Planning permission will no longer be required for the erection of a shed or glasshouse on an allotment in Wales, under new Welsh Government plans to simplify planning rules.
An allotment is traditionally used for the growing of fresh fruit and veg produce, although in some instances may also be used for growing plants, the keeping of hens, rabbits or bees.
They are usually large areas of land divided up into smaller plots. The site is often owned by a local authority, or managed by an allotment association with the individual plots cultivated by one person or family.
Structures such as sheds and glasshouses are commonly sited on allotments.
Currently, in most circumstances, planning permission will be required for the erection of a shed or glasshouse.
It is being proposed planning rules are amended to permit the erection of a shed/ glasshouse on each plot, subject to conditions limiting their size.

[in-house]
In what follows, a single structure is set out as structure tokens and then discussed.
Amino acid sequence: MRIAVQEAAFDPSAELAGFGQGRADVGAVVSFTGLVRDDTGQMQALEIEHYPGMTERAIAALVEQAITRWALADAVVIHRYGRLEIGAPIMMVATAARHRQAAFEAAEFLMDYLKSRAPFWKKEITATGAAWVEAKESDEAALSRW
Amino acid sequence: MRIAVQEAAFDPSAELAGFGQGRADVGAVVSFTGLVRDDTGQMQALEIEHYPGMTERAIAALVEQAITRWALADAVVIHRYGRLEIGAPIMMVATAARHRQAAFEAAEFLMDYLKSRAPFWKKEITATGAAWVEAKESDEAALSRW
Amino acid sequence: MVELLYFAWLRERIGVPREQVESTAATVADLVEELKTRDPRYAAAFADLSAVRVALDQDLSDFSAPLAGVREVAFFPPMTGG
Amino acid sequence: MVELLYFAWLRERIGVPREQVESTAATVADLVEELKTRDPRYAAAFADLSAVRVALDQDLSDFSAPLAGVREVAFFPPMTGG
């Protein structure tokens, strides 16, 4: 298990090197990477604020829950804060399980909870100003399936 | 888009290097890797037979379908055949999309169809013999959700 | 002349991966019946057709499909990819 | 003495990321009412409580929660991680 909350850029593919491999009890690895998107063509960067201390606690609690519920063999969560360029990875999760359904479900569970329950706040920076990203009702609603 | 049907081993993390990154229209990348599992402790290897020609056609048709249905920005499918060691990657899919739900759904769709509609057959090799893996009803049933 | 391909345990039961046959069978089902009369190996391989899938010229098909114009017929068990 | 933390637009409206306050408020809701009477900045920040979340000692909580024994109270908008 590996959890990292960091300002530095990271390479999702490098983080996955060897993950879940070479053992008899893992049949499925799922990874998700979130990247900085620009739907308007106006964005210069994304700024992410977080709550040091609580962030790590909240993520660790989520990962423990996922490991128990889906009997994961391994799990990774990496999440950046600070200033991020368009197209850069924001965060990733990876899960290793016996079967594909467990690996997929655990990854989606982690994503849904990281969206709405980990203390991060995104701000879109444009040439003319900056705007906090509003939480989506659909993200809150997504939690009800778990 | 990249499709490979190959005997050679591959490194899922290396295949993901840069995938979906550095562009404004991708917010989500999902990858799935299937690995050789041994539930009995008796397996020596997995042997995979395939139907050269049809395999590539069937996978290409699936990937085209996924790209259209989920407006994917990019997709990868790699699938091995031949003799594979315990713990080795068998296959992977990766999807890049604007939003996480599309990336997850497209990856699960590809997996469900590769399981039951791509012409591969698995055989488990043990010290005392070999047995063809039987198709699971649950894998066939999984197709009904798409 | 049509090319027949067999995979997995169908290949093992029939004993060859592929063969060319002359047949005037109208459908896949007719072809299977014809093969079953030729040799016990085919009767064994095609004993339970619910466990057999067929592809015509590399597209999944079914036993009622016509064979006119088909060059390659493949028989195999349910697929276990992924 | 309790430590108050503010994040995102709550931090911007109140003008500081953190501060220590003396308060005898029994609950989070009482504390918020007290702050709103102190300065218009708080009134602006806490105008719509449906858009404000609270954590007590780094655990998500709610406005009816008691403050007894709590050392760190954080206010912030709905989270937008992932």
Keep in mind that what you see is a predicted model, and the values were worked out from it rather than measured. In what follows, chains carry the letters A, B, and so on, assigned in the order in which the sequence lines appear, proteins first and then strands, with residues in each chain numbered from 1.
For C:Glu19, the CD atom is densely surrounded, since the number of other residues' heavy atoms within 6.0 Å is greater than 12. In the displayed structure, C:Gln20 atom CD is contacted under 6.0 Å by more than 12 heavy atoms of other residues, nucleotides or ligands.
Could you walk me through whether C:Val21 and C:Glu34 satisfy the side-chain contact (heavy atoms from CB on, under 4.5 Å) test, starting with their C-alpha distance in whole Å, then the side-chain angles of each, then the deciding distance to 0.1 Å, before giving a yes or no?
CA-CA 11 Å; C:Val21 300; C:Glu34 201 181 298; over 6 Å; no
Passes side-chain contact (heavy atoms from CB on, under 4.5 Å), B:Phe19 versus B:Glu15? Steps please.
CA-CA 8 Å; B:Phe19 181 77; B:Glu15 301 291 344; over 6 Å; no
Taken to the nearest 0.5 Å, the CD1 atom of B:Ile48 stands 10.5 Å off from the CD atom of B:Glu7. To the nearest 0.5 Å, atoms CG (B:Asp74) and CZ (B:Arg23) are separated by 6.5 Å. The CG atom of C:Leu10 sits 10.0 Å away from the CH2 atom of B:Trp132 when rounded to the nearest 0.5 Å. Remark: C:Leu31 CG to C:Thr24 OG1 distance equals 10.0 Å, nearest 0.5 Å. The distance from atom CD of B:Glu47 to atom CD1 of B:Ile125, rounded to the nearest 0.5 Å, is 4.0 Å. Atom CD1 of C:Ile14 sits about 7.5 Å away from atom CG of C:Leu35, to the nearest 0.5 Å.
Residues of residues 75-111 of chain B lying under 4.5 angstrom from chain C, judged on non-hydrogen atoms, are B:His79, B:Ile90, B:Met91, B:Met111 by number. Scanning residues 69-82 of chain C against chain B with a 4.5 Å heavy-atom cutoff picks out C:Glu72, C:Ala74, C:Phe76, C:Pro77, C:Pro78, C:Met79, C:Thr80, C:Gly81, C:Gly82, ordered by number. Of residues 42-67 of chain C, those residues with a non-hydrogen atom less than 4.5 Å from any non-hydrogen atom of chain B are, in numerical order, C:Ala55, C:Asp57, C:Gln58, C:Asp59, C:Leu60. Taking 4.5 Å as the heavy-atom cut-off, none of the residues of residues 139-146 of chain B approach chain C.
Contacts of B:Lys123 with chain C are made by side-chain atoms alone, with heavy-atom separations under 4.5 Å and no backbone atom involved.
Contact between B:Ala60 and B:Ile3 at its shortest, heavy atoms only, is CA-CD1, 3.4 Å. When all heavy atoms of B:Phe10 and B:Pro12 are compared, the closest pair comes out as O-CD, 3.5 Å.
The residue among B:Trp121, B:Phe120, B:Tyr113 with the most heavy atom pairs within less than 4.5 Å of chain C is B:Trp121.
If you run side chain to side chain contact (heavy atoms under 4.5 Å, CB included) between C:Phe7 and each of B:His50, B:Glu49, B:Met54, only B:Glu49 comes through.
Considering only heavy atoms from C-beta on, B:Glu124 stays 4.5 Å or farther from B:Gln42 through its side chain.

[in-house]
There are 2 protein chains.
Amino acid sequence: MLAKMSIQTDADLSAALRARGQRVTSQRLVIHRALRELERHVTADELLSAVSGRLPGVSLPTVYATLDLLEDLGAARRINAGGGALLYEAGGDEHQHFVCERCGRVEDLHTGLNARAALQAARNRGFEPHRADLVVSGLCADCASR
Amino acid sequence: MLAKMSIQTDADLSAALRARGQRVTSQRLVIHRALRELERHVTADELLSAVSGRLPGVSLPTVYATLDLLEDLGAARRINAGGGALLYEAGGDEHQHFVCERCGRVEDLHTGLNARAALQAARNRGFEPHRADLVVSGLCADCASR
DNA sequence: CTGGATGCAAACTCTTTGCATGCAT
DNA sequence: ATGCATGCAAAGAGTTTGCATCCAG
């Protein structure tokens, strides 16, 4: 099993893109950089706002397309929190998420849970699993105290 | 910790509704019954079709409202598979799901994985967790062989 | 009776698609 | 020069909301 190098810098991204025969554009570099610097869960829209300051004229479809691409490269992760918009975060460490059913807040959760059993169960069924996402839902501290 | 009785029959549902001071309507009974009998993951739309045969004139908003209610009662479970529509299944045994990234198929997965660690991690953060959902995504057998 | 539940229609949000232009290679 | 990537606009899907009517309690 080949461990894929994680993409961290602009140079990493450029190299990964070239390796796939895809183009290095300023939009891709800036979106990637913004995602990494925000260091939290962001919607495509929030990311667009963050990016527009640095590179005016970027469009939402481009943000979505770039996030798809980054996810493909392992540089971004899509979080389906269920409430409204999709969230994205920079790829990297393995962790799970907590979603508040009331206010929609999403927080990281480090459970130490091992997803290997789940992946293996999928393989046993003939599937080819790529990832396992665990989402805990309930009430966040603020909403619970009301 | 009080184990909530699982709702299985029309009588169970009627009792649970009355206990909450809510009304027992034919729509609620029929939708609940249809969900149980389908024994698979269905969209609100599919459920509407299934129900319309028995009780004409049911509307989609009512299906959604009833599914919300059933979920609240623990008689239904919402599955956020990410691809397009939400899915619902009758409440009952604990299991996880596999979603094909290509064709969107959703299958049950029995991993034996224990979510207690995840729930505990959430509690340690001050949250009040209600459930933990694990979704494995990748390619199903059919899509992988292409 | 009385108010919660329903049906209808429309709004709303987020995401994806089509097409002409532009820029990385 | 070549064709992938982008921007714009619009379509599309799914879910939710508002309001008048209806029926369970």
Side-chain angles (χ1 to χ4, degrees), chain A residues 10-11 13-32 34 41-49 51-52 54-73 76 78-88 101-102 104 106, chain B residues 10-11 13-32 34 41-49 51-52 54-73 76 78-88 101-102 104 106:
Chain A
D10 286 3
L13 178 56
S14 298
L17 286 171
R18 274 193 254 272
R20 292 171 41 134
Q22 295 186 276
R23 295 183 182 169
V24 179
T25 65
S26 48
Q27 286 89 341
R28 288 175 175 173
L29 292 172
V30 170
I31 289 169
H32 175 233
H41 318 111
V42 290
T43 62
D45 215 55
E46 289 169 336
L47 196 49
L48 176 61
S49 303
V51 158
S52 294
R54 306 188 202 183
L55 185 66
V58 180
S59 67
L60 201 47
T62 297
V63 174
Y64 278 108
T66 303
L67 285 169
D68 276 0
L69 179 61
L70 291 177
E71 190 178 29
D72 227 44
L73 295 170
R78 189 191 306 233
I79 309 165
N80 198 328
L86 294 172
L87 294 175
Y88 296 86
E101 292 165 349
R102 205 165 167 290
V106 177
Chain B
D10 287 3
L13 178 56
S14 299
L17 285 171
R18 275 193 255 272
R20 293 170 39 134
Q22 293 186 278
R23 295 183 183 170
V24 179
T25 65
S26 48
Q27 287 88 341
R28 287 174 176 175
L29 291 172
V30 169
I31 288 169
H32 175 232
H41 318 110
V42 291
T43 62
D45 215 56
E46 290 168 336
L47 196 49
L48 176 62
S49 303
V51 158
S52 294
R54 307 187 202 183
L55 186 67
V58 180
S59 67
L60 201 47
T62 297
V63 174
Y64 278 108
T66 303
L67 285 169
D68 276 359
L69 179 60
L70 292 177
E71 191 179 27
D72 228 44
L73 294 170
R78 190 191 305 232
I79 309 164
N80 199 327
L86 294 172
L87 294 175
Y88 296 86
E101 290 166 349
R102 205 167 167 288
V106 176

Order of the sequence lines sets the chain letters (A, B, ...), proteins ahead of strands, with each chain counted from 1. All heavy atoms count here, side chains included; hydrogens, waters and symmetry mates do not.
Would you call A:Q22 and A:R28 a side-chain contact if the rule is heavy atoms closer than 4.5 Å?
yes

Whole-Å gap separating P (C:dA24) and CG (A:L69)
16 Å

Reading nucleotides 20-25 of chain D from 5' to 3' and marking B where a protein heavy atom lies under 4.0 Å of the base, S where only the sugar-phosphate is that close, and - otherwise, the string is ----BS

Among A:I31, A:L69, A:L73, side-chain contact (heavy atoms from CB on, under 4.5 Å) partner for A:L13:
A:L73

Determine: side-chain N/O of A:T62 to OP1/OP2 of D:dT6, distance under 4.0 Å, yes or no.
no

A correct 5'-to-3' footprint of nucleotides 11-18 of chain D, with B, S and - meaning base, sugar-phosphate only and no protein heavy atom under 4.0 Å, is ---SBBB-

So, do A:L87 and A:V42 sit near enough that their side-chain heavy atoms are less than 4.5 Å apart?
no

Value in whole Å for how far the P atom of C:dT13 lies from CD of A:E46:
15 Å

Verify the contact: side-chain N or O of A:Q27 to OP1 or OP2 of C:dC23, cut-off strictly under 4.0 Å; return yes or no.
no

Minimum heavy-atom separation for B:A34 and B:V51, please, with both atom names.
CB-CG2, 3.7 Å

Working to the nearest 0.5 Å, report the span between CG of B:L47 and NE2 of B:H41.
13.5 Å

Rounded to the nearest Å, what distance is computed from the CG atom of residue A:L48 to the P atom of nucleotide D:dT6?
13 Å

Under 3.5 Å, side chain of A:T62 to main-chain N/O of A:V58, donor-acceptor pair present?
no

To prevent the density of development increasing to unacceptable levels on allotments, it’s proposed there should be a limit of one shed/glasshouse per 125 square metres (equivalent to half a plot).
Local Government Minister, Julie James said:
Requiring planning permission for a shed or a glasshouse on an allotment, which is small in scale and has limited effects, is unnecessary. It imposes unwarranted costs on individuals and local planning authorities.
I want the communities of the future in Wales to be places where people want to live, work and enjoy leisure activities. Providing support for community food growing and green infrastructure is essential to delivering this vision.
Our allotments are not only great for growing our own food, they’re a wonderful example of places that create opportunities for leisure and social interaction, while also supporting healthy and active lifestyles.
I hope the changes we propose making to planning rules will allow our allotments to grow and thrive long into the future.
The proposed changes will also reduce the number of minor planning applications, allowing Local Planning Authorities to concentrate their resources on larger, more complex applications.
The consultation ends on 28th February.